Hybrid Teas need full sun for optimal growth. They are heavy feeders and benefit from a regular feeding program of a balanced fertilizer applied about every two weeks starting when new growth begins to appear in spring until early fall. Mulch during the growing season to keep roots cool and help retain moisture and prevent weeds. The old mulch should be raked out and replaced yearly--fall is a good time to do this when doing garden clean-up--to remove any fallen leaves or debris where fungal spores or insects could hide. Good sanitation is essential for any type of rose, and goes a long way toward preventing disease. Water when rainfall has been insufficient, taking care to soak the soil and try to keep the leaves dry to help prevent fungal infections. Pruning is best done in late winter or early spring before the leaves begin to emerge. Remove dead or diseased wood, crossed canes, weak growth, and reduce the healthy canes to about 18-24” making slanted cuts above an outward-facing bud so new growth will grow outwards. You are aiming for an open center for good air circulation and a nicely-shaped plant.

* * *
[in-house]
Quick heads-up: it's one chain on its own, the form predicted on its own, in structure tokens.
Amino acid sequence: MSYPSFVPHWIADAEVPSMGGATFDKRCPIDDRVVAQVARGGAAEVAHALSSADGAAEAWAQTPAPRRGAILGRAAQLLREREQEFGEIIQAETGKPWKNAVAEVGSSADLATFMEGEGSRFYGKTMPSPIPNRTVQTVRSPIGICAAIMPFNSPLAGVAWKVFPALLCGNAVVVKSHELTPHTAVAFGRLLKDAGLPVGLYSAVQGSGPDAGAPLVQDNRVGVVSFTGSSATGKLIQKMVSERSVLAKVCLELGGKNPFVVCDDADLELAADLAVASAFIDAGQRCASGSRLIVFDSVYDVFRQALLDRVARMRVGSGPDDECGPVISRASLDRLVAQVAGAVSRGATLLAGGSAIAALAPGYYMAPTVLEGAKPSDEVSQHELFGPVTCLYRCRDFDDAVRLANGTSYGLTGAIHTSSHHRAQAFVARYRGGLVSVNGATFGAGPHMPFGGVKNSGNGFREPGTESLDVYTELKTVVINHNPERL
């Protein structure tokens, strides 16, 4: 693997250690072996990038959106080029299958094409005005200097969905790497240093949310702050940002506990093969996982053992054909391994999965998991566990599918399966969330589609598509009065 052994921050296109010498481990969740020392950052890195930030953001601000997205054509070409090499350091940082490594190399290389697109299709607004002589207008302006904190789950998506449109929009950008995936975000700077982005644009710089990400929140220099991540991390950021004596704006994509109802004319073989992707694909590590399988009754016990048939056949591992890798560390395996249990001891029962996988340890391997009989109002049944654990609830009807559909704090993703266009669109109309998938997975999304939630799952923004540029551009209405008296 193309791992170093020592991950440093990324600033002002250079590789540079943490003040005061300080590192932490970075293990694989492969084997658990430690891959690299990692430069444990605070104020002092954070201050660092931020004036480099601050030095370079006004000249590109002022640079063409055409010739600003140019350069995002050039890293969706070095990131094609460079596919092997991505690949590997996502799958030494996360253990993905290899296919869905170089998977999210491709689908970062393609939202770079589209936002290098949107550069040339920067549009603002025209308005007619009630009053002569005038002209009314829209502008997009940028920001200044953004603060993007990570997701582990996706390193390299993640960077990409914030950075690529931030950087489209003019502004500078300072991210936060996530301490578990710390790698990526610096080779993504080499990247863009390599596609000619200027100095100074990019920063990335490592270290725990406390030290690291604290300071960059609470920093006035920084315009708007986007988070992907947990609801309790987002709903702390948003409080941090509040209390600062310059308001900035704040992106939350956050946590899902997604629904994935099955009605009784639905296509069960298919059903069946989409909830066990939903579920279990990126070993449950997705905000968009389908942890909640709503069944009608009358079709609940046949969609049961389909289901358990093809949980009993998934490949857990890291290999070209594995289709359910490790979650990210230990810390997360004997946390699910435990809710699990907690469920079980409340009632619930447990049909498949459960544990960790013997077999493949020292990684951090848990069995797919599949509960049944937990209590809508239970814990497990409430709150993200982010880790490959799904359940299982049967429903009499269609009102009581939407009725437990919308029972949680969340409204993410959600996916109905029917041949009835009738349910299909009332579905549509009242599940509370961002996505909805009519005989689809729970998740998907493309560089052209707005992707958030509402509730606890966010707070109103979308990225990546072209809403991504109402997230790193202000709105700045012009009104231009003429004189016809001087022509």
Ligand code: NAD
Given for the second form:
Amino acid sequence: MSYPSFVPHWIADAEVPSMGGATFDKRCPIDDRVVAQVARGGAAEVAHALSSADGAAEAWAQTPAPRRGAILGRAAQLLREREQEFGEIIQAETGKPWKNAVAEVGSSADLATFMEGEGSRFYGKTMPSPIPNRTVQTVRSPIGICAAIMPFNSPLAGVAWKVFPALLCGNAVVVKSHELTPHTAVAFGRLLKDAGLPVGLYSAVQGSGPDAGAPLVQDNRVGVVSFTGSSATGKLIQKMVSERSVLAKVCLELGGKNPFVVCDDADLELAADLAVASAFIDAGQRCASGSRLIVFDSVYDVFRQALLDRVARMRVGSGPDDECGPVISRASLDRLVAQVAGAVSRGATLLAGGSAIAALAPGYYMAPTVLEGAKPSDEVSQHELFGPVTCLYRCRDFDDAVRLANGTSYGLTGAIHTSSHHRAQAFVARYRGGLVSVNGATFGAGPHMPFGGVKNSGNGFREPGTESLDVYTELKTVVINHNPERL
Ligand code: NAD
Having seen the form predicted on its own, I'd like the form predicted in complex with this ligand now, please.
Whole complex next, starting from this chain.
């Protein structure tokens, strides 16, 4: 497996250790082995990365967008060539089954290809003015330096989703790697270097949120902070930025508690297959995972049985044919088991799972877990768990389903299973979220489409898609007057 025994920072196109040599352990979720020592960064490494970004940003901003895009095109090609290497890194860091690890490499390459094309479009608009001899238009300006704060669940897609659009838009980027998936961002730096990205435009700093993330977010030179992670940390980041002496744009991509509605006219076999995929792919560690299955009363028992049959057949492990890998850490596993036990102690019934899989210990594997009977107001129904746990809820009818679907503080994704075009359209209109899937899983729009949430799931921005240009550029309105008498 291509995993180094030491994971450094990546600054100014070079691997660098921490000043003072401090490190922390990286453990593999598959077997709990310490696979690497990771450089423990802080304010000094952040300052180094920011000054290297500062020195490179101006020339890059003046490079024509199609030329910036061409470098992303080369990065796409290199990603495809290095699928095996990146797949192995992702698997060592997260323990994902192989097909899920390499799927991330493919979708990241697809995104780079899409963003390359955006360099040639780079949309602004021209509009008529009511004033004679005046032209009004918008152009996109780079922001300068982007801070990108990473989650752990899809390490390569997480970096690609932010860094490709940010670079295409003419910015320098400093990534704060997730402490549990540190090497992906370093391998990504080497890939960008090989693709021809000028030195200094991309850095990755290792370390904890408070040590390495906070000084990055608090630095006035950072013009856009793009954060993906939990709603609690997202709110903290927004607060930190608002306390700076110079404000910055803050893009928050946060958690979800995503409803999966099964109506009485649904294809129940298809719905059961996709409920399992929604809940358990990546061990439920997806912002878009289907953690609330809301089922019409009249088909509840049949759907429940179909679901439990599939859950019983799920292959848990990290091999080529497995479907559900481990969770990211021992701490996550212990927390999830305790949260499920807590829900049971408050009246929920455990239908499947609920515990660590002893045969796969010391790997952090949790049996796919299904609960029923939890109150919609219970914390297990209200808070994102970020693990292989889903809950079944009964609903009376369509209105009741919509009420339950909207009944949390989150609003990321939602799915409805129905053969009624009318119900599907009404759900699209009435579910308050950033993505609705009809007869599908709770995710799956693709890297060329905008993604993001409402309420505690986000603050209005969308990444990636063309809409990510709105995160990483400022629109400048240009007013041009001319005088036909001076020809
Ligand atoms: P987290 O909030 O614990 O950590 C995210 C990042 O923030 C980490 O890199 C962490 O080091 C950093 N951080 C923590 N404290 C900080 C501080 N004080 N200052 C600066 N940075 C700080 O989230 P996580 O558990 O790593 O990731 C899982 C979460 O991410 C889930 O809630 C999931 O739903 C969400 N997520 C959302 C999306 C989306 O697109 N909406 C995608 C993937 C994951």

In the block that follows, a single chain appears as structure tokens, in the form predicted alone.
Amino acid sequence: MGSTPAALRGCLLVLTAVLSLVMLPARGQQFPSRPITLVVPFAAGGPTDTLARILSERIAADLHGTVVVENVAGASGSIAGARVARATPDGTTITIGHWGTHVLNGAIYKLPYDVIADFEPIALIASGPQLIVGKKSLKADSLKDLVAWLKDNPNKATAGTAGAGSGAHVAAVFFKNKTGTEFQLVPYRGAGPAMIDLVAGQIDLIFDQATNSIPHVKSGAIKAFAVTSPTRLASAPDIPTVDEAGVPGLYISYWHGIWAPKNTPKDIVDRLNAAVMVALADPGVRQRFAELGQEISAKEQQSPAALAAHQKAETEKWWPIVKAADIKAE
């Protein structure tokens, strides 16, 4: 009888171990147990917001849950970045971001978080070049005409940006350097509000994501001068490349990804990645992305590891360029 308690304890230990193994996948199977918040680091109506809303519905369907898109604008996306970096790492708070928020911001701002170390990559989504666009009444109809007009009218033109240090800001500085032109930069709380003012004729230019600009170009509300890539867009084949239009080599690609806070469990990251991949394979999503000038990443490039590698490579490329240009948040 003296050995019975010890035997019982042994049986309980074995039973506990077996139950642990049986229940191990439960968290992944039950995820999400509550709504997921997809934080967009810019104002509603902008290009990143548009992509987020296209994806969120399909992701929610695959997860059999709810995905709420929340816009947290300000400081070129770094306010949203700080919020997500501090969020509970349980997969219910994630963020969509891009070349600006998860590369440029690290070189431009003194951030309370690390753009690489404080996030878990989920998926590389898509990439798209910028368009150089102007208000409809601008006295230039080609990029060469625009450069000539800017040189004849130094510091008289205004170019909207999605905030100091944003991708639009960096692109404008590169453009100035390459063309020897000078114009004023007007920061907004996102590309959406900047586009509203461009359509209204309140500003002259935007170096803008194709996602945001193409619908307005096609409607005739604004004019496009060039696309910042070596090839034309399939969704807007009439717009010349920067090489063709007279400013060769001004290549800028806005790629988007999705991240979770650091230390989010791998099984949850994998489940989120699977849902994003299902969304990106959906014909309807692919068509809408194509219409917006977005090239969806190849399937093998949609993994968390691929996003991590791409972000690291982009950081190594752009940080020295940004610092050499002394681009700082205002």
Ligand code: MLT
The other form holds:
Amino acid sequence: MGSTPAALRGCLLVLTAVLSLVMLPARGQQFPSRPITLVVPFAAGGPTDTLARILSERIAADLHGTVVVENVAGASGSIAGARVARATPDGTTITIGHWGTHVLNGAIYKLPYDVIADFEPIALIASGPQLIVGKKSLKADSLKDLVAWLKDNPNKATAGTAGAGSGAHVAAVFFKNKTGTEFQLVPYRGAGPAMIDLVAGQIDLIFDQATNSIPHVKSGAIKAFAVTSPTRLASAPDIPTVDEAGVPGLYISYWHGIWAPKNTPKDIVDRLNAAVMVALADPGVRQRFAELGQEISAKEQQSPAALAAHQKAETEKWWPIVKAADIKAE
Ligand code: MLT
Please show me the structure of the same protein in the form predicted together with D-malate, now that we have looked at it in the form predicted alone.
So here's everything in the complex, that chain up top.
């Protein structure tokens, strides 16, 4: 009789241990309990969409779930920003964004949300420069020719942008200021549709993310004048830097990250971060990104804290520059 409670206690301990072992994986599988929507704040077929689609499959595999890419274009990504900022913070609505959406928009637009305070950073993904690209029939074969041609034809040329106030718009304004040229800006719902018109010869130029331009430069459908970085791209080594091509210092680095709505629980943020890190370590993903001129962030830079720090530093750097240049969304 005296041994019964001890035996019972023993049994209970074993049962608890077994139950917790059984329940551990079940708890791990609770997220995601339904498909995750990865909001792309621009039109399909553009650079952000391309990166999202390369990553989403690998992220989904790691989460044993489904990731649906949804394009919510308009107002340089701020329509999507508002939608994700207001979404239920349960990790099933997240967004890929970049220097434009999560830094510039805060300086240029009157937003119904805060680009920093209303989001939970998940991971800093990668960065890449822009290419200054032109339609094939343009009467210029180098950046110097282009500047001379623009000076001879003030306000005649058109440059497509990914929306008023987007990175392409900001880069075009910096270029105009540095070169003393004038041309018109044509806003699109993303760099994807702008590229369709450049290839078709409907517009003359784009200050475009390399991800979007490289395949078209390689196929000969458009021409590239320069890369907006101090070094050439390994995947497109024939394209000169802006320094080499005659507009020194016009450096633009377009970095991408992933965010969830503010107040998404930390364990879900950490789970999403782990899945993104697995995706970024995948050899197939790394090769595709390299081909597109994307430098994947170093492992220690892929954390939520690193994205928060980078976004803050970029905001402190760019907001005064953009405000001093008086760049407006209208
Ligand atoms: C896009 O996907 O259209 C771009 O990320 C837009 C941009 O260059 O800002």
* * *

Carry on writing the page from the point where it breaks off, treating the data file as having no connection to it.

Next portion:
There are hundreds of varieties of Hybrid Teas. Here are just a few.
Zones 4-9 : Floribunda roses are characterized by clusters of buds and a
long bloom period from summer into fall.
The flowers are smaller than Hybrid Teas, but are full and borne in
abundance. Floribundas are wonderful to
include in mixed perennial borders, or massed for color. There is a wide range of colors from whites
to creams, yellows, peaches, corals, pinks, deep reds, maroons and purples. Some very well-known roses are in this
category including 'Amber Queen,' apricot; 'Burgundy Iceberg,' purple; 'Cinco de Mayo,' red-orange; ‘Ebb Tide,’ purple ; ‘Europeana,’ red ; 'Gruss an Aachen,' pale pink; ‘Hot
Cocoa,’ reddish-orange ; ‘Iceberg,’ white ; ‘Julia Child,’